Washington's War Against Smallpox
In 1775 when George Washington took command of the Continental Army, America was fighting a war on two fronts. One was a battle for independence from the British, the other was a survival against smallpox. Washington knew about this disease firsthand, so he knew it could ravage his army and cripple it before it even began. Back in this time, inoculations were crude and often deadly, but Washington made the decision to inoculate all American troops that had never had smallpox.
The plan, however, worked, and he was able to stave off smallpox during the years-long fight with the British, and in the process instated the first massive, state-funded immunization campaign in American history.
In 1751, George Washington’s brother Lawrence had tuberculosis and they decided to sail to Barbados hoping the warm air would help cure him of it. After only being on the island one day, they had dinner with a wealthy local merchant named Gedney Clarke. Two weeks later, after the gestation period, Washington came down with smallpox. He had actually written in his diary “We went, myself with some reluctance as the smallpox was in his family.” He should have listened to his gut because he was bedridden for weeks, and no diary entry was written for 24 days.
George Washington survived with just a few scars, which was very lucky since some lost their lives or left with hideous scars all over their bodies from the oozing rash. Then in 1775, when George Washington took over the newly formed Continental Army, Boston was under British control, and smallpox was running rampant throughout the city. So Washington’s first order of business was to safeguard his troops from this debilitating outbreak.
He also understood that his American-born soldiers were far more susceptible to the disease than the foreign-born troops they were fighting. That is because smallpox was endemic in England, meaning that a high percentage of British troops had already contracted the disease as children and now carried lifelong immunity. In contrast, relatively few New Englanders and Southerners had ever been exposed to the virus. For example, only 23 percent of North Carolina soldiers who enlisted in 1777 had ever had smallpox.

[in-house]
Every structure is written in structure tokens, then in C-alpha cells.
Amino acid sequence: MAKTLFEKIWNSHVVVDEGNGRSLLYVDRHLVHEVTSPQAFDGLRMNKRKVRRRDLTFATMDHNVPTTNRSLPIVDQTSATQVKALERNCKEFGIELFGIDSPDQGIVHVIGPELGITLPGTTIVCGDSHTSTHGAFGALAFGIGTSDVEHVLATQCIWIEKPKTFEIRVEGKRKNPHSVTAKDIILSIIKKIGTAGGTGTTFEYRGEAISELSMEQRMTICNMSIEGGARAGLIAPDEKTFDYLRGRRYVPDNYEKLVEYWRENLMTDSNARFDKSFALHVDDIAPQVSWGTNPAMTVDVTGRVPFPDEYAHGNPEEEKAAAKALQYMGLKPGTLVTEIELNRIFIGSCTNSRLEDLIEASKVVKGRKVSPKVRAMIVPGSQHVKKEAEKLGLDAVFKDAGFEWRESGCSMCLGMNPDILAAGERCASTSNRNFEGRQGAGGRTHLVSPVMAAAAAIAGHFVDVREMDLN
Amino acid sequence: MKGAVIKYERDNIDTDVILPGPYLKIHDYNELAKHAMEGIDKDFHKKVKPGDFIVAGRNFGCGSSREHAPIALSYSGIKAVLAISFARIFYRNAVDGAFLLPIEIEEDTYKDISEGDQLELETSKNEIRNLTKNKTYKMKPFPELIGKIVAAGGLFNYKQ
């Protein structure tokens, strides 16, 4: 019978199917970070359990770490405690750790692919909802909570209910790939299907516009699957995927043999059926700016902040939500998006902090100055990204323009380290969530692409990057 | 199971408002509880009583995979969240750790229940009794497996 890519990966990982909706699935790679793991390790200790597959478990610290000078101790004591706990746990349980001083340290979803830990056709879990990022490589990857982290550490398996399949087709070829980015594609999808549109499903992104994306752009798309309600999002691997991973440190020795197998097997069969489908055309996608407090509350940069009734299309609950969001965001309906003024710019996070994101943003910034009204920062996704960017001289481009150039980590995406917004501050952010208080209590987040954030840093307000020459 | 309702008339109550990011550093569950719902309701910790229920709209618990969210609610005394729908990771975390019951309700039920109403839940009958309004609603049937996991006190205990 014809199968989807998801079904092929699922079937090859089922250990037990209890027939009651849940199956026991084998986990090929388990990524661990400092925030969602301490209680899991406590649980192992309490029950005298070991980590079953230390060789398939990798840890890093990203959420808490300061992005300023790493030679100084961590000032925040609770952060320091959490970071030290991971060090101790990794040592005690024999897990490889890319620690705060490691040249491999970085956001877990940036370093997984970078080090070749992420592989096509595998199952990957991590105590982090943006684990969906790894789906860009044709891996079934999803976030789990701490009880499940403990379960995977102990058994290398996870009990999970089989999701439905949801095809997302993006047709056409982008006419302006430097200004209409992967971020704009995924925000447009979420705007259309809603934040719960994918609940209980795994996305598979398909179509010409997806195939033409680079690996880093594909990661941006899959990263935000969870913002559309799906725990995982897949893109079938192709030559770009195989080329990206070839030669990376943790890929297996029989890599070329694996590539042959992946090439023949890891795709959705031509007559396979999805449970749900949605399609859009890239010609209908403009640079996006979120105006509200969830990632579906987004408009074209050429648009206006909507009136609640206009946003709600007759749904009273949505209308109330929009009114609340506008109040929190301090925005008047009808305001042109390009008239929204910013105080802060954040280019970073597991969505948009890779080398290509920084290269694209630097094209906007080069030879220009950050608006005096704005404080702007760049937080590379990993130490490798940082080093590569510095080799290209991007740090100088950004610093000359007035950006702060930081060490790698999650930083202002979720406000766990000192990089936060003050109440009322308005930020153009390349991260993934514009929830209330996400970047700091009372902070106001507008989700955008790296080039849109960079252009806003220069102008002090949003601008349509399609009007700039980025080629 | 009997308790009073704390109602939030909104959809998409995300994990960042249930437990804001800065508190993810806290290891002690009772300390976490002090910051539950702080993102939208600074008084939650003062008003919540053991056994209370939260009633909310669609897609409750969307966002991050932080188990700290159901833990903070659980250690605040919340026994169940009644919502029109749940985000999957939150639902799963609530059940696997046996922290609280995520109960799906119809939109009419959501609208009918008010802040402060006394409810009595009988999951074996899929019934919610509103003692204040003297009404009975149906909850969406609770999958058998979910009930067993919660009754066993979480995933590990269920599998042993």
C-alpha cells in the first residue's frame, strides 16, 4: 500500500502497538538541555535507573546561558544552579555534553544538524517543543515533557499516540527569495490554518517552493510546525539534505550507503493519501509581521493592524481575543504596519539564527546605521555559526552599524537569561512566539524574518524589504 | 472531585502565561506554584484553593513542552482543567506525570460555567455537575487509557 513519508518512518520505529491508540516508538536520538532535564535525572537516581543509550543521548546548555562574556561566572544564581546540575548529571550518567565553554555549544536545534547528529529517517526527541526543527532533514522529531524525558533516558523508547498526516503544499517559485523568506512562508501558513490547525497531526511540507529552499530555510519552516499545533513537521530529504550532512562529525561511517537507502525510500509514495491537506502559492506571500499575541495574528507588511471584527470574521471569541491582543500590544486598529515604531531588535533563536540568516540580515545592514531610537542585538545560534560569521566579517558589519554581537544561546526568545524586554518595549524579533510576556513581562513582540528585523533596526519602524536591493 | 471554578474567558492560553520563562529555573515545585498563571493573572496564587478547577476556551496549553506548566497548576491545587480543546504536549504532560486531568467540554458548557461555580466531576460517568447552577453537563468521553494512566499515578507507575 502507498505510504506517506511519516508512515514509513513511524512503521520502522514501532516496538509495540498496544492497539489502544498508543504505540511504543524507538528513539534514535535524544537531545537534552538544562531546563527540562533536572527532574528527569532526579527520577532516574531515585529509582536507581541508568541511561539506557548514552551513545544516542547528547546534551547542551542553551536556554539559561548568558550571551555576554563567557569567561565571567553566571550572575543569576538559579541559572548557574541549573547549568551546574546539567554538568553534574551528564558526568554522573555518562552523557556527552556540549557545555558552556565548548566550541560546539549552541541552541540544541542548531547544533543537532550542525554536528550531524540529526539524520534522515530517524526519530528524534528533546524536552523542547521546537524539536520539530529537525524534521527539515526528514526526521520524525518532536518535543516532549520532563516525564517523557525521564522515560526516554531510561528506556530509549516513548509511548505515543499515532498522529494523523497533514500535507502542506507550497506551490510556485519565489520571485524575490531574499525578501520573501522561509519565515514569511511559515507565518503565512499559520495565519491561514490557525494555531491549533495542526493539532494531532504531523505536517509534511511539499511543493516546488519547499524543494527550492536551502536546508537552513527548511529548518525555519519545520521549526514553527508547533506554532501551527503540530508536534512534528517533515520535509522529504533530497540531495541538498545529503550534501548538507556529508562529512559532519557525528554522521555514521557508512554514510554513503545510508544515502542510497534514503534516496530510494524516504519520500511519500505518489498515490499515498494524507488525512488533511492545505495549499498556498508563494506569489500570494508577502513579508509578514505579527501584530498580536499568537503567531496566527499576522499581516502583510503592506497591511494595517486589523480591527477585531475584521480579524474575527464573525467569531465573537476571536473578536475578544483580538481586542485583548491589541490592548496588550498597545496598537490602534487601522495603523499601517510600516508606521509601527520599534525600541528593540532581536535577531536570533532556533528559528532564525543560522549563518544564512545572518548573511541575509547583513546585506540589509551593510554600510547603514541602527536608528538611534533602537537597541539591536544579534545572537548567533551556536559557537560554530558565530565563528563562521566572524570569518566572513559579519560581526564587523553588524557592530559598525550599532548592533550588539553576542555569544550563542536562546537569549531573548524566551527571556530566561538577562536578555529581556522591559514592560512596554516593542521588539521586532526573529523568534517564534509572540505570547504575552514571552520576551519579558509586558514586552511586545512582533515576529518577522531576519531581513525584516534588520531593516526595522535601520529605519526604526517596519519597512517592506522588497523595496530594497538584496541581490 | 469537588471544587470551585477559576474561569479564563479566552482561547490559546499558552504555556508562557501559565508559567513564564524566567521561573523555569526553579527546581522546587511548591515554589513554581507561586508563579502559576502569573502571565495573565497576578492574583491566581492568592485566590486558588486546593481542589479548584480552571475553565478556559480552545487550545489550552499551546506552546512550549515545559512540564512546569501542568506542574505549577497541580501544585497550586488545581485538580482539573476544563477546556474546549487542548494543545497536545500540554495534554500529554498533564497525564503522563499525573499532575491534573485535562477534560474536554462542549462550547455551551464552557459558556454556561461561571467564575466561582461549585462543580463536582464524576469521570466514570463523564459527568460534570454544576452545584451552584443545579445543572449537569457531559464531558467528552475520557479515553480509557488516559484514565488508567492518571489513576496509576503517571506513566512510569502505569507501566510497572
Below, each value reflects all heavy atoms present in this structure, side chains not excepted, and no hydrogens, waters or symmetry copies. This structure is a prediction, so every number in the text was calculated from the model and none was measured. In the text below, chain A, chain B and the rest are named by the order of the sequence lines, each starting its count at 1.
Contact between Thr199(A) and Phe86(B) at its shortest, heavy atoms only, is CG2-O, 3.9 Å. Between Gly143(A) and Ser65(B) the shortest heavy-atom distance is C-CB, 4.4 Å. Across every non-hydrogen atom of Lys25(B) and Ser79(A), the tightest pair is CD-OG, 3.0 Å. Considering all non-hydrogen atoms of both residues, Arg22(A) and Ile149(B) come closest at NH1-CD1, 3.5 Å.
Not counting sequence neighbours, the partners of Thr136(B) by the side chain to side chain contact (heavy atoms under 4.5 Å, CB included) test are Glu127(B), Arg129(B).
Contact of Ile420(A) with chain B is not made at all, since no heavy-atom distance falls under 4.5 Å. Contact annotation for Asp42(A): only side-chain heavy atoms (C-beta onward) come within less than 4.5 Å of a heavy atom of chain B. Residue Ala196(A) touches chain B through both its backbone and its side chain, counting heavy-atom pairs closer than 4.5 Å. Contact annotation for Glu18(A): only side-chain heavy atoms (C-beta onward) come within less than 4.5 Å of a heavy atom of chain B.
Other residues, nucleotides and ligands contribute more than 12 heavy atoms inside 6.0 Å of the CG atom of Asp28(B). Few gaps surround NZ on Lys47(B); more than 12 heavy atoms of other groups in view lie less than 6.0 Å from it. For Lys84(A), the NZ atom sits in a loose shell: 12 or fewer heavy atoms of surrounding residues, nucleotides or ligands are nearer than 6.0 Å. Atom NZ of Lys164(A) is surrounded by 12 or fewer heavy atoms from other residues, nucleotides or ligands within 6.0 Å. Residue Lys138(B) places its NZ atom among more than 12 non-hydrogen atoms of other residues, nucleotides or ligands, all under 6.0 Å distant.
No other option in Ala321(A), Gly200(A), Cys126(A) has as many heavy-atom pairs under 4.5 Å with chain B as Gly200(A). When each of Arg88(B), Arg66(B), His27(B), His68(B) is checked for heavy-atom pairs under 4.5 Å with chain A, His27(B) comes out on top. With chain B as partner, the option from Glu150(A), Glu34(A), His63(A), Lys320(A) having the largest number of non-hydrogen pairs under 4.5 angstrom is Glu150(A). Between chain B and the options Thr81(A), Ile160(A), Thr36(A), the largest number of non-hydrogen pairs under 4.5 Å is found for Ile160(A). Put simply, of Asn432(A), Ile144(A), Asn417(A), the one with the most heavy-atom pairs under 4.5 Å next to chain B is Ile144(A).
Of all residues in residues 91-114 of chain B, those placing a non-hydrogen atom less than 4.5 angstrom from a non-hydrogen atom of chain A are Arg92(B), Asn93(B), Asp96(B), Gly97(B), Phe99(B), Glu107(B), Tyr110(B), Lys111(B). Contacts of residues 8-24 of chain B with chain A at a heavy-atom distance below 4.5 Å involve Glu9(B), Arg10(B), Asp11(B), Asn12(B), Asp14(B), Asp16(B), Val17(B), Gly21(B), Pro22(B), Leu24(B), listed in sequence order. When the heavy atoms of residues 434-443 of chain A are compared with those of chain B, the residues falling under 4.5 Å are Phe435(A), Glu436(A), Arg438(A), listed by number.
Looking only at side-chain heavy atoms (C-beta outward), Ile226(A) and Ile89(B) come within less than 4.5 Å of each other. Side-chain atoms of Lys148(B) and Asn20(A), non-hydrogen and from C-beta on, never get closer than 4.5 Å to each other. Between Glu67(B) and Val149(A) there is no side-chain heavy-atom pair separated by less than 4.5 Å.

Since he had a very primitive understanding of contagions and immunities, Washington had to decide between several anti-smallpox schemes, each one having its own significant risks.
The fist was “herd immunity” which is letting people get exposed to the disease naturally and having them acquire immunity. But that carries the risk that you could lose a large amount of your troops to this disease, which could cause Washington to lose the war. The other is trying to immunize his troops in hopes he loses less troops to that than if they get the disease.
You see, immunization in the late 1700’s was very crude and left between 5% and 10% of people dead. It wasn’t actually like it is today. Back then it was actually variolization, which is cutting a small incision in the flesh of the person being inoculated and implanting a thread laced with live pustular matter into the wound. The intent of this was for the person to come down with smallpox, which in this manner was typically a milder case than if they came in contact with it naturally. After this, the person would require a month to recover and need to stay out of the population, since this would expose them to more serious infections.
In July 1775 in Boston, Washington feared that a large-scale inoculation would sideline his troops, or worse, lead to a full-blown epidemic. During the Siege of Boston, Washington opted for a strict quarantine of both sickened soldiers and civilians. Civilians showing smallpox symptoms were held in the town of Brookline, while military cases were sent to a quarantine hospital located at a pond near Cambridge. “No Person is to be allowed to go to a fresh-water pond for fishing or on any other occasion as there may be a danger of introducing the smallpox into the army,” wrote Washington on July 4, 1775, his second official day as general. The quarantine did its job -- isolating the sick long enough for the British to surrender Boston.
Smallpox continued to thrive as new recruits were placed in unsanitary conditions, and they were from different parts of the country where smallpox hadn’t existed quite yet.
The Continental Army in the Battle of Quebec in late 1775 was so ravaged with smallpox they had no option but to retreat. The long march from Canada to New York was worse as smallpox ran through the ranks of soldiers, sickening and killing them off as they went.
There were even talks that the British soldiers were purposefully sickening American troops with smallpox. This biowarfare conspiracy is not without merit but could not be proven either.
By the time America officially declared its independence on July 4, 1776, the effectiveness of quarantine was thrown into doubt and there was no easy way of calculating the risk of a mass inoculation of the beleaguered American troops.
By the winter of 1776, Washington and his troops were in Morristown, New Jersey, a place where smallpox was rampant. It was there, in February 1777 he decided to inoculate his troops.
This would end up to be quite a task, since medical personnel would need to examine each person to determine whether they have previously been contaminated with smallpox, then do the variolation procedure, which had a 5-10% fatality rate, and if they survived that, the one-month recovery process.